THE FUNERAL SONG
1. They wheeled the coffin down the aisle. The choirboys sweetly sang.
The organ played a requiem and one sad church-bell rang.
He'd always been a quiet man, not given to a spree,
So we stood alone to bury dad, my poor old ma and me.
2. He was a traveling salesman, said he worked in ladies tights.
We always thought that was his job, not what he did at nights.
And though I'd known him twenty years, still I'd have never guessed.
Why when he had some time at home he needed so much rest.
CHORUS: Till all his other wives came in weeping down the aisle.
We had to send for extra chairs. They queued for half a mile.
They came from near. They came from far. They filled up every pew.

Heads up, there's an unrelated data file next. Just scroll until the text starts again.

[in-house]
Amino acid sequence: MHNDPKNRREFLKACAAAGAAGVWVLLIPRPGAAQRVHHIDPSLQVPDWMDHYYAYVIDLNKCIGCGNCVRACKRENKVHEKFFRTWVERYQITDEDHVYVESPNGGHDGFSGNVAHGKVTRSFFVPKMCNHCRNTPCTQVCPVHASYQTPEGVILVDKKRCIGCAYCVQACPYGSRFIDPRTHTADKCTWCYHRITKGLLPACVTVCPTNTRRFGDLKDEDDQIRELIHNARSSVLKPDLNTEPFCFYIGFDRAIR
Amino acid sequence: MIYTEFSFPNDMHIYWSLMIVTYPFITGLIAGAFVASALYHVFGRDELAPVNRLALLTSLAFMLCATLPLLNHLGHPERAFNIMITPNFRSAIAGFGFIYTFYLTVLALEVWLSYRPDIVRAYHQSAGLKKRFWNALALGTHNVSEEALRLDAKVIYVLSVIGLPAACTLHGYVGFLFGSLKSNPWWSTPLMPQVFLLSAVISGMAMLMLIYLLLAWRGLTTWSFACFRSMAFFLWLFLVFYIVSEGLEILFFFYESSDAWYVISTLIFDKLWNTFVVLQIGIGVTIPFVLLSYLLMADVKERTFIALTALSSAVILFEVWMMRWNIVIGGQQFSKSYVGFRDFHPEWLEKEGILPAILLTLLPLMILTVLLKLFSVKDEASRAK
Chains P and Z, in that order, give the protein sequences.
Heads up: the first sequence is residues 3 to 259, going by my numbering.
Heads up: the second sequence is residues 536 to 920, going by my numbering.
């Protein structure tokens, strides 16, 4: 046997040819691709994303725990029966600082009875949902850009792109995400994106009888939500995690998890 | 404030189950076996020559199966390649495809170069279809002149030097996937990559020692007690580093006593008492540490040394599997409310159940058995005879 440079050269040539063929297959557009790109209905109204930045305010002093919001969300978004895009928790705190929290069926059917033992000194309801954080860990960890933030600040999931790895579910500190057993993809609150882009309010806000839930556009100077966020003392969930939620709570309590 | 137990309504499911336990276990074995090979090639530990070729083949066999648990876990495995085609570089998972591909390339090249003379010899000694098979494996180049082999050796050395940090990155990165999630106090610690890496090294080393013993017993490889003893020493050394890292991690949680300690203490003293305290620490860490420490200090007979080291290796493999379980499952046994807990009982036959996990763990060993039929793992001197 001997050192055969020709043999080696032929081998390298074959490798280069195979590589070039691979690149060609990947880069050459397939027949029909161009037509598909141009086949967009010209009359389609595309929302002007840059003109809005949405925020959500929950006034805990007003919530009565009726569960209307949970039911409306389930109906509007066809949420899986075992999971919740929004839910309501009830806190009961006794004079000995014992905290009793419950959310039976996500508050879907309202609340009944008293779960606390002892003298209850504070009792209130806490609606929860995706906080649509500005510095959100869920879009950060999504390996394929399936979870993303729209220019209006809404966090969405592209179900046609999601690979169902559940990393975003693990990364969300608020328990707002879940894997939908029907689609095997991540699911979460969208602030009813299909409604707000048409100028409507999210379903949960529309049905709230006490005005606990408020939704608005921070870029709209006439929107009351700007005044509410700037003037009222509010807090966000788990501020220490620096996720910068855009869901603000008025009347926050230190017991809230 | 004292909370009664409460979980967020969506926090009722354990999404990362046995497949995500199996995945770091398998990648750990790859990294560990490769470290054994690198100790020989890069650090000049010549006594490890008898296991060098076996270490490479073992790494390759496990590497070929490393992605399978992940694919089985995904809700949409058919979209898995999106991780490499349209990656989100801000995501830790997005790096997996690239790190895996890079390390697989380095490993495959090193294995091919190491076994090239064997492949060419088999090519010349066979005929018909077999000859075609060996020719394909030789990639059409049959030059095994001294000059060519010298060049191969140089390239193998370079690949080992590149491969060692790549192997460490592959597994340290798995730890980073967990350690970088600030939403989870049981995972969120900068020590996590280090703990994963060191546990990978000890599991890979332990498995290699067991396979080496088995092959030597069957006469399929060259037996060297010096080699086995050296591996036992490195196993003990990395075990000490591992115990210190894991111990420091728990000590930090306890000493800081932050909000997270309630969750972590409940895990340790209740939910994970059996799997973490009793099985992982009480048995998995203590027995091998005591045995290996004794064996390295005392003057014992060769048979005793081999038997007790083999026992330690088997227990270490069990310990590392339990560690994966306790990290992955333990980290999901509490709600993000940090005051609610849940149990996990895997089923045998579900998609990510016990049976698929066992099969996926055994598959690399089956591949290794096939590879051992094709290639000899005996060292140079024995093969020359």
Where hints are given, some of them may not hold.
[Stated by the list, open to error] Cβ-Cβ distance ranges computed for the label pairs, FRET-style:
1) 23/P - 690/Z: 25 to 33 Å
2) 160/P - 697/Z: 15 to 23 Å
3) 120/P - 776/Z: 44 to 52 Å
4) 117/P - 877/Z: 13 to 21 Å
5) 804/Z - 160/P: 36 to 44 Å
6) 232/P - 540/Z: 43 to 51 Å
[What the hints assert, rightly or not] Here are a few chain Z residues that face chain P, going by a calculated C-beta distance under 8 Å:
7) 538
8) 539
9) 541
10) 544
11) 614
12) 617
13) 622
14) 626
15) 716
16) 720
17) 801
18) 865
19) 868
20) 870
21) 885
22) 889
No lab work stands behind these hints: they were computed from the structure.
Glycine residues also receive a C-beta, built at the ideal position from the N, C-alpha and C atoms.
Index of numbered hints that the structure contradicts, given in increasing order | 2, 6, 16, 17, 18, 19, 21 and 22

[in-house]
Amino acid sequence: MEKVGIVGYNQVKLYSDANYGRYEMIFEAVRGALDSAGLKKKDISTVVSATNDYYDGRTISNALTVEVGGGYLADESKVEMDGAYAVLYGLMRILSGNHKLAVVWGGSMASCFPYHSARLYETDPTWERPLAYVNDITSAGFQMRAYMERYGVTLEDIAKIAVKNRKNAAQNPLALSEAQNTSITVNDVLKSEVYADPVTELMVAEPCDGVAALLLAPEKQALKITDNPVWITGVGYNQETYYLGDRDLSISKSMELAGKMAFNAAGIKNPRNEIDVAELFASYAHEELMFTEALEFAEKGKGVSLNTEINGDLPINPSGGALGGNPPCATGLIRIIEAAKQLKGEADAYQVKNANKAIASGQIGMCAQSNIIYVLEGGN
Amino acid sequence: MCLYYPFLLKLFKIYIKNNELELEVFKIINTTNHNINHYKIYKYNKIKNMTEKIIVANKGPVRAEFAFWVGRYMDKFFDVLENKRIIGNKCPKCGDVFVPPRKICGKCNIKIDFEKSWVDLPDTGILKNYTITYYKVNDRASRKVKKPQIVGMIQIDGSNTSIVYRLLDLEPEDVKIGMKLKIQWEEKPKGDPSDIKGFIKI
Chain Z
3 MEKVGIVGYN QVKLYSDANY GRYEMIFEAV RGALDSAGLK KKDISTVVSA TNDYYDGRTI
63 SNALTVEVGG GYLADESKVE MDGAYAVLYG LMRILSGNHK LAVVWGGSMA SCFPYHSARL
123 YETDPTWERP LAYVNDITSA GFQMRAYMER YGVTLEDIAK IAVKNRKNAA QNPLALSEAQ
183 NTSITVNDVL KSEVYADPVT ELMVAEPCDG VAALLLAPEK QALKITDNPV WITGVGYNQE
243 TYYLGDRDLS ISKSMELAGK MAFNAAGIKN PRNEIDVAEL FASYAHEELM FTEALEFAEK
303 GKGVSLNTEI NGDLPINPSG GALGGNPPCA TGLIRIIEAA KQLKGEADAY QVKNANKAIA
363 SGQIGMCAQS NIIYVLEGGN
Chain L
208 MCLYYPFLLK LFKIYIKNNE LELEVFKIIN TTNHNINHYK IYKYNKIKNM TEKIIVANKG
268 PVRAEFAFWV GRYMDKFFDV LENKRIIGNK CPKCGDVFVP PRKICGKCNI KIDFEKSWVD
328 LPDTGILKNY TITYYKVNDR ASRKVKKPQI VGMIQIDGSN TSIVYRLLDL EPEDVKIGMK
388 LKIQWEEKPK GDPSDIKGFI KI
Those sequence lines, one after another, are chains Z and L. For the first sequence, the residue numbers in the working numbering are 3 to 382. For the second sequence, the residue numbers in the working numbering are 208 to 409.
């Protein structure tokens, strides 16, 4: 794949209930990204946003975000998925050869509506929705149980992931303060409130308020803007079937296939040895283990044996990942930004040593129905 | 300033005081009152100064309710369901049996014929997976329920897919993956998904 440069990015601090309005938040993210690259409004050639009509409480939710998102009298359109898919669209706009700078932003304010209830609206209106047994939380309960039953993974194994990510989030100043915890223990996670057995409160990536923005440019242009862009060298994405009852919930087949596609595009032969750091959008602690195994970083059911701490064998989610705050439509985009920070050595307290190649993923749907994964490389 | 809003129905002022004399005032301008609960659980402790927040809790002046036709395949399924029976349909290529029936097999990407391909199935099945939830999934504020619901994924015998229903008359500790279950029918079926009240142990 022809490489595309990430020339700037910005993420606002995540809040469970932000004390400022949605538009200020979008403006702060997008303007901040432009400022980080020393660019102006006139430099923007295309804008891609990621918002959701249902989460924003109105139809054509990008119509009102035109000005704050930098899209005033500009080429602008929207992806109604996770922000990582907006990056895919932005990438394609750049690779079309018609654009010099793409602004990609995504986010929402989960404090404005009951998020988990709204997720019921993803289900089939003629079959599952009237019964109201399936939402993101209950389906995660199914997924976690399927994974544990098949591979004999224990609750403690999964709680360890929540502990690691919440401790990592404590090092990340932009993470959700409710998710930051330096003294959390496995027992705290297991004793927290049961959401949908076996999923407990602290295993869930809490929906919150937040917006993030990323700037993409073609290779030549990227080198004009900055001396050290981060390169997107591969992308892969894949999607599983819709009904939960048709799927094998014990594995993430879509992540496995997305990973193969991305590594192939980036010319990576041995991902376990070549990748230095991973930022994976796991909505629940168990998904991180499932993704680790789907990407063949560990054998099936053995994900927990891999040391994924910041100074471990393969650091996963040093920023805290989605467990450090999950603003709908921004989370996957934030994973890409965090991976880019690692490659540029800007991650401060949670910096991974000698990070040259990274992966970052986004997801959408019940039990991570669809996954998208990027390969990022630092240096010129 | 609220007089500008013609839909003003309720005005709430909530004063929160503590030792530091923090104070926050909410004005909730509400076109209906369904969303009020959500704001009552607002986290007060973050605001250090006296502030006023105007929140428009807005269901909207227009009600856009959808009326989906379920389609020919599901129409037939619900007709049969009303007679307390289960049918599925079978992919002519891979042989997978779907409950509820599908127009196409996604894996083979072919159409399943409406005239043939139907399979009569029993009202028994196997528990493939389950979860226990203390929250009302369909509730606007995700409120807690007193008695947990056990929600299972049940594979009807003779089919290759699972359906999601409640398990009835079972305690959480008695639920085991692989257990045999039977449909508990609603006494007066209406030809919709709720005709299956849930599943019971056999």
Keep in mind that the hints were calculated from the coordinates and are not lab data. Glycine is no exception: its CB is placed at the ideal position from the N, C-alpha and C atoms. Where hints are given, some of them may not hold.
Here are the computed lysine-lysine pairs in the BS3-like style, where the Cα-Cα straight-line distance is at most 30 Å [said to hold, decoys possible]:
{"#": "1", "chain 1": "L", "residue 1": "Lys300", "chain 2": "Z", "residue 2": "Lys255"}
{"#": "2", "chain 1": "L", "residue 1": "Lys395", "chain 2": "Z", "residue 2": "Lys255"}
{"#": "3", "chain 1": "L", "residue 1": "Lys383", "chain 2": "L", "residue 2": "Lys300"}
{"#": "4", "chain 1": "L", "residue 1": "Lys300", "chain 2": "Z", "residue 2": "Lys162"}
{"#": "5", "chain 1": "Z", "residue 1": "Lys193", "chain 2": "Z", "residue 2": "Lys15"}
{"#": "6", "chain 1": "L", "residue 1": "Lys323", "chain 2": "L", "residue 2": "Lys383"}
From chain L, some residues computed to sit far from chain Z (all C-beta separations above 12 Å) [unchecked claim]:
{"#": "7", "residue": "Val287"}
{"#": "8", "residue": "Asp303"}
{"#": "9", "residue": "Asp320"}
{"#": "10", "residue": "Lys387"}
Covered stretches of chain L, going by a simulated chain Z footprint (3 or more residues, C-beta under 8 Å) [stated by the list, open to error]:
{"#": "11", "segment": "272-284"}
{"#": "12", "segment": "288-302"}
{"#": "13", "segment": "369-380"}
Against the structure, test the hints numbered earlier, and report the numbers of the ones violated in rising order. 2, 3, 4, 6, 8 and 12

He must have been a Mormon and my mother never knew
Till all his other wives came back to share the Co-op ham tea,
And they bought a lot of kids with them that looked a lot like me.
3. The priest was old and feeble and made a bad job worse
When he tried to marry mother to the man who drove the hearse,
And one wife rang to ask us were we going to cremate,
And could we keep him on a low light as she thought she might be late.
4. One wife was only my age. She'd a warm look in her eye.
She said, "You're so much like your dad, it makes me want to cry.
I only live on Peel Street. Come and see me by and by,
For I've something that your father liked he'd have wanted you to try."
5. Then all his other wives came in, young and old alike.
One came in a bath chair and one on a motor bike.
A rock star in a Rolls, a Duchess in a coach and pair,
And a lady Sumo wrestler who'd been freighted in by air.
Yes, all his other wives came back. They came back one and all,
And they pinched the carpet off the floor and the paper off the wall.
You can hear this song sung by Mudcatter Graham Pirt on the double CD "Picking Sooty Blackberries" by "Cockersdale" from Camsco (Dick Greenhaus). Cockersdale are doing a US tour in October this year.